Early on as an engineer, my default mode of operation was - to write code and follow it up with unit tests to ensure the code is working as expected. If needed, add additional tests to ensure the highest possible code coverage, and build confidence before pushing code to production. Learning from my mentors, I made the switch from a test-in-the-end mindset to a test-first mindset (popularly known as TDD), which has made a huge difference in my code craftsmanship.
Writing tests first, forced me to think about the behavior desired from the implementation code, switching from tinkering with code to thinking deeply about its behavior. It helped me take a step back instead of getting caught up in the implementation details. While the test-first approach may not be practical in every scenario, using this mindset I could now frame the implementation within the right context even when it was not possible to write unit tests first.
A breaking test for every bug fix
It is often tempting to just fix the bug, but my mentor recommended first writing a breaking test that replicated the bug, then modifying the code to reflect the fix. This approach also gave code reviewers the confidence that the code indeed fixed the bug and the unit tests were proof. Additionally, this acted as a guardrail to catch any accidental bugs introduced especially when rushing to fix the bug.
Finding it hard to write unit tests?
With the test-first approach, when I had a hard time writing tests, it became quite apparent that I had not broken down the modules into small enough chunks and the interactions between modules were probably overly complex. Using the “ease of writing unit tests” as a measure of code complexity proved valuable in improving my code craftsmanship. For existing code, before refactoring, I took the time to ensure I first focused on improving the test coverage. Once I had the confidence that the tests were robust, I could carry out a major refactor without worrying about breaking existing functionality.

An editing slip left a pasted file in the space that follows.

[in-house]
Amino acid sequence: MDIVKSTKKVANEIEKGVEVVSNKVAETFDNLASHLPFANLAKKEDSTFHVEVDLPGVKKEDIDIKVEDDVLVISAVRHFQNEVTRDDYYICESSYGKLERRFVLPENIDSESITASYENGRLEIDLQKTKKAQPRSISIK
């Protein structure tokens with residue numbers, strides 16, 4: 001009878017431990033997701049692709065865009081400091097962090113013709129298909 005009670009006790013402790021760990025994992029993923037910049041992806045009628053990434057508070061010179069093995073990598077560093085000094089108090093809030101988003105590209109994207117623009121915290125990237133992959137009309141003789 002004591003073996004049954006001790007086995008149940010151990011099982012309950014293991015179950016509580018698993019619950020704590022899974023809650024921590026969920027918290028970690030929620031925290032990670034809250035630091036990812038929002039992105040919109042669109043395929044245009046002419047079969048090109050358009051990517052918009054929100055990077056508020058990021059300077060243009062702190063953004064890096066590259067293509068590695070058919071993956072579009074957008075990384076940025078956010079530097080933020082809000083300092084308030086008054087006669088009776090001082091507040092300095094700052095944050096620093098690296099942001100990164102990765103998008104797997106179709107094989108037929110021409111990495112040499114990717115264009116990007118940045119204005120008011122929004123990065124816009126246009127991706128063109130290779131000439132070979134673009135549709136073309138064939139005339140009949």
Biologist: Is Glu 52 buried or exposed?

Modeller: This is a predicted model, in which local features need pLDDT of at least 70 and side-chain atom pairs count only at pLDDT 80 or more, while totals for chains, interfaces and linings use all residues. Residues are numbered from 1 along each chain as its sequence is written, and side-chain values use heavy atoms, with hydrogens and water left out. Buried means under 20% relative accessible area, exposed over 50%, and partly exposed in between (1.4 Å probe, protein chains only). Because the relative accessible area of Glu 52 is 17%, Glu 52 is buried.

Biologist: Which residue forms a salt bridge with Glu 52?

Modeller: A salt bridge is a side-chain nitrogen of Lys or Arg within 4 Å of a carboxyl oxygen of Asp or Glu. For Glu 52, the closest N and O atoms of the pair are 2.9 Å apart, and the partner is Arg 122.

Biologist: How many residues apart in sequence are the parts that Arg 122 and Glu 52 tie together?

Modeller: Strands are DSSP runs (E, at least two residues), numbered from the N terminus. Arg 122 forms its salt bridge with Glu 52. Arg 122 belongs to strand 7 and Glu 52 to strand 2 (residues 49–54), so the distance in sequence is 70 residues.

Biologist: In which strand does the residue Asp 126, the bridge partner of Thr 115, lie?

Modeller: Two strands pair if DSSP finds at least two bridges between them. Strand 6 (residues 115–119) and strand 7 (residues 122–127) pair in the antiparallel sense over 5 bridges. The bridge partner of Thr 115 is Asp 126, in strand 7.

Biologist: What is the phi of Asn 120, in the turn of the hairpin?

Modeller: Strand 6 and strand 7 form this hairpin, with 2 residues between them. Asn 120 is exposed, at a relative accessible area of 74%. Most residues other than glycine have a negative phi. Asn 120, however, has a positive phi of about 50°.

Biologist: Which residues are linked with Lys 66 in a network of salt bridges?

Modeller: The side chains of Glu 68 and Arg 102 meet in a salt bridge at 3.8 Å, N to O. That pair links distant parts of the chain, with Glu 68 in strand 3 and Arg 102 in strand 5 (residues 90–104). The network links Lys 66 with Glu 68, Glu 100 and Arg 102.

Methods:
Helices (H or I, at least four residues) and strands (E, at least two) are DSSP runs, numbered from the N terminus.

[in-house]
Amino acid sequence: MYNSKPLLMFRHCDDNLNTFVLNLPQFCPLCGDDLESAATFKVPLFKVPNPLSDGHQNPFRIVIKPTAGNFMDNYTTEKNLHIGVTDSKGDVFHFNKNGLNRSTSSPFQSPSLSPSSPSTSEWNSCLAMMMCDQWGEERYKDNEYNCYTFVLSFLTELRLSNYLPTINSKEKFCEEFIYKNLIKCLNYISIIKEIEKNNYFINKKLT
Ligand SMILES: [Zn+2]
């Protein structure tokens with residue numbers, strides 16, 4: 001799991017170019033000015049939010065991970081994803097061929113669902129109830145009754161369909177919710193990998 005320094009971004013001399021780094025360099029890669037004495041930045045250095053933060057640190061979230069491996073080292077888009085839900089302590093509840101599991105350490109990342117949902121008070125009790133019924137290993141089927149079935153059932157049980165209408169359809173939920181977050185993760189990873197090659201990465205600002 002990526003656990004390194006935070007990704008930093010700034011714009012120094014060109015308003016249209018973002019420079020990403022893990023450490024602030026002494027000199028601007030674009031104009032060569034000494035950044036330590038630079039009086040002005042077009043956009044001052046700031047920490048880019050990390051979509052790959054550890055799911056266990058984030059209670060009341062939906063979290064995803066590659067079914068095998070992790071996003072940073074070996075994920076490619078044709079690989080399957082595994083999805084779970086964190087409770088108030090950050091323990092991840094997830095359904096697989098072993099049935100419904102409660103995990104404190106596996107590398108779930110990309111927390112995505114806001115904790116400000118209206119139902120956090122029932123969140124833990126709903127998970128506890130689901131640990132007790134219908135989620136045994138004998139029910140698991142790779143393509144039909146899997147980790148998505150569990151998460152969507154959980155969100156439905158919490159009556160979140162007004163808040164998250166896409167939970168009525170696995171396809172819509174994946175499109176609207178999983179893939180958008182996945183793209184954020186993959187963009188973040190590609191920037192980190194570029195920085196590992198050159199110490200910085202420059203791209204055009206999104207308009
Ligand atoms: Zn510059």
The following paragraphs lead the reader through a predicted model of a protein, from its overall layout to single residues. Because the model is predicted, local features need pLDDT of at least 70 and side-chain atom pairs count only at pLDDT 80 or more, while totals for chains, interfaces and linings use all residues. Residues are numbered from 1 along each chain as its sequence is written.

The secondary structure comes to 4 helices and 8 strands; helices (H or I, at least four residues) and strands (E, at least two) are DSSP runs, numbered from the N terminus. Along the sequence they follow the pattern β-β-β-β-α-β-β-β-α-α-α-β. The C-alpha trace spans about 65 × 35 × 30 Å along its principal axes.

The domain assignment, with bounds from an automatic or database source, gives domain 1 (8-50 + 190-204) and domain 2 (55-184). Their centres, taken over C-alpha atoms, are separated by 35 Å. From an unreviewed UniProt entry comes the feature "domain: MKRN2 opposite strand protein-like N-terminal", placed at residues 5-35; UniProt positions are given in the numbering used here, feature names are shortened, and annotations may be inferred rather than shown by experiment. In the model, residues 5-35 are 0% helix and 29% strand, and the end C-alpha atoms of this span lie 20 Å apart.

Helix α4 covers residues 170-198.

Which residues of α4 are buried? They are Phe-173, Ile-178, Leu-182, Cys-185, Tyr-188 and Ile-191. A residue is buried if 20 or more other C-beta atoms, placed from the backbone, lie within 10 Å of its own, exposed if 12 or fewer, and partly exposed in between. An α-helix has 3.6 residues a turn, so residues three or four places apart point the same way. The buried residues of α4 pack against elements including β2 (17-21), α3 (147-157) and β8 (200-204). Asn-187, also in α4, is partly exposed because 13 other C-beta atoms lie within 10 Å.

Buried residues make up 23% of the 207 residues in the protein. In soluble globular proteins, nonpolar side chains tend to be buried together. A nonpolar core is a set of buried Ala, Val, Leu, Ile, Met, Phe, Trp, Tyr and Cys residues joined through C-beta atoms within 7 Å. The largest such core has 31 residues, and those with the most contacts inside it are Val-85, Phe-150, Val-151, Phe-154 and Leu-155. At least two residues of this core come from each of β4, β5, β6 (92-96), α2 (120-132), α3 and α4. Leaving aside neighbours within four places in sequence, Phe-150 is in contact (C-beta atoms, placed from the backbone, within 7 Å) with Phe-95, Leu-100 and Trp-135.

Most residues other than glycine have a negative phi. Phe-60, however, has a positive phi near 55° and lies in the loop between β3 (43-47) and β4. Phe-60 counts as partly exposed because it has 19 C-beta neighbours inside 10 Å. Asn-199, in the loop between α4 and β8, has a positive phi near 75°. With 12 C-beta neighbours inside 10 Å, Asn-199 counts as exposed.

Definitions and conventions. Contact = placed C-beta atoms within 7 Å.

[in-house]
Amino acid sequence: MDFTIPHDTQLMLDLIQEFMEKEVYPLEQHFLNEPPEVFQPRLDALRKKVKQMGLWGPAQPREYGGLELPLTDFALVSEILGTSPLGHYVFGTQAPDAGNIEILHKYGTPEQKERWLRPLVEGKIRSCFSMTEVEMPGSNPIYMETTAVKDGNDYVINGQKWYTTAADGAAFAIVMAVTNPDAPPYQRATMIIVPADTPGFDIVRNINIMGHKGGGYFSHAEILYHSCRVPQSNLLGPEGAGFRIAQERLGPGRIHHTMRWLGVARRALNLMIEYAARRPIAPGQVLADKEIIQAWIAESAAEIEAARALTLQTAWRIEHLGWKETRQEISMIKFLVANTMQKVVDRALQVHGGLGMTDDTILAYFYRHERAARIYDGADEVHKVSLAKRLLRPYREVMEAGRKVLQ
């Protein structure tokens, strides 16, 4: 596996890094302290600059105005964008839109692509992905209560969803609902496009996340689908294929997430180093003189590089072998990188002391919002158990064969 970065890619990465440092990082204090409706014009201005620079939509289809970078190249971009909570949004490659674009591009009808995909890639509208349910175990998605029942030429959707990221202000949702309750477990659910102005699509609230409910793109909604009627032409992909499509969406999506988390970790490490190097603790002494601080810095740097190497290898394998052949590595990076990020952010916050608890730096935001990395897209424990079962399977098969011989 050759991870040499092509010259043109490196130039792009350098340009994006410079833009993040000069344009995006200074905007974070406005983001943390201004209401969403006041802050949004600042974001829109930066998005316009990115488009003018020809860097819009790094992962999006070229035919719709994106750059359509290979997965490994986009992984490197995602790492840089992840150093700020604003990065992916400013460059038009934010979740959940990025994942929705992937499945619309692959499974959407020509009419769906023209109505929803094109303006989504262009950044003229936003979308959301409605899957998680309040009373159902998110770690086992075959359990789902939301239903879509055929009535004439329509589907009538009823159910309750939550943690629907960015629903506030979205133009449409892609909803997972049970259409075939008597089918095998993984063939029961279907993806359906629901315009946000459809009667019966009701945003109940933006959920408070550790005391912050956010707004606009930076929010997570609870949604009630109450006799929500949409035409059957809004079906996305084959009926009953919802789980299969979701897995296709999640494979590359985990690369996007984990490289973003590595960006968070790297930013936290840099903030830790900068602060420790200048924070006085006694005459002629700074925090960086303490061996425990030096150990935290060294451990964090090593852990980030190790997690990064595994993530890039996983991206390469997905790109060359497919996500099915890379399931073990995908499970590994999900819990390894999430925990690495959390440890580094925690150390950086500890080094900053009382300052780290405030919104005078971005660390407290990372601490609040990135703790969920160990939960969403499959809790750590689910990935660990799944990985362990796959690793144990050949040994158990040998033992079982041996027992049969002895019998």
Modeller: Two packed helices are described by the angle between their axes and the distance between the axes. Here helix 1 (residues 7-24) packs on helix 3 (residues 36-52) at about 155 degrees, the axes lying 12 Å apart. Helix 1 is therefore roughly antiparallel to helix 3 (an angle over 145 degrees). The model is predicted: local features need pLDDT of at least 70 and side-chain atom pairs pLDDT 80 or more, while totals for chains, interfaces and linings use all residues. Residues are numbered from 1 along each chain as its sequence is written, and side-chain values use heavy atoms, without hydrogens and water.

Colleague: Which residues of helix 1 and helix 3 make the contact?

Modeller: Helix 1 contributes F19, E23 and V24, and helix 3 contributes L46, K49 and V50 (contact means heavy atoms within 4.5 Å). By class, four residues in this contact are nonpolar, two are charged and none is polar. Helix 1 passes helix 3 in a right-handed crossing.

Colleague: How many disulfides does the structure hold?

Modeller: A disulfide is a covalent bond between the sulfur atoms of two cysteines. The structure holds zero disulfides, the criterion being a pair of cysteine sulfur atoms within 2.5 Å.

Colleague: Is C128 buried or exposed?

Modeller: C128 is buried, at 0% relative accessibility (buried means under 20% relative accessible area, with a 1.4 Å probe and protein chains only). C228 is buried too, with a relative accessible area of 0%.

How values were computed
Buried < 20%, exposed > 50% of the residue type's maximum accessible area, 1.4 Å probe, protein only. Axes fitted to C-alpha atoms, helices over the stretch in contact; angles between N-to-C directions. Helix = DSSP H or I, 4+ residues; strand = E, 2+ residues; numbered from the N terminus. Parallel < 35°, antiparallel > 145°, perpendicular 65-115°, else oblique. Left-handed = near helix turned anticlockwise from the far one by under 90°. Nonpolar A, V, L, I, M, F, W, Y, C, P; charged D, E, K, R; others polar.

Tests as documentation
When jumping into an unfamiliar codebase, well-written tests were a great starting point. It helped me better understand the responsibilities of each module and observing the mocked data in tests revealed the interactions across modules. The framing and language used in these unit tests were equally important as the unit test itself. My personal favorite style is given-when-then - it's concise, sets the context well, and clearly lays out the expectations.
What are some of your unit testing philosophies?
Shoutout to Bef Ayenew for being generous with his time and providing valuable feedback on this article.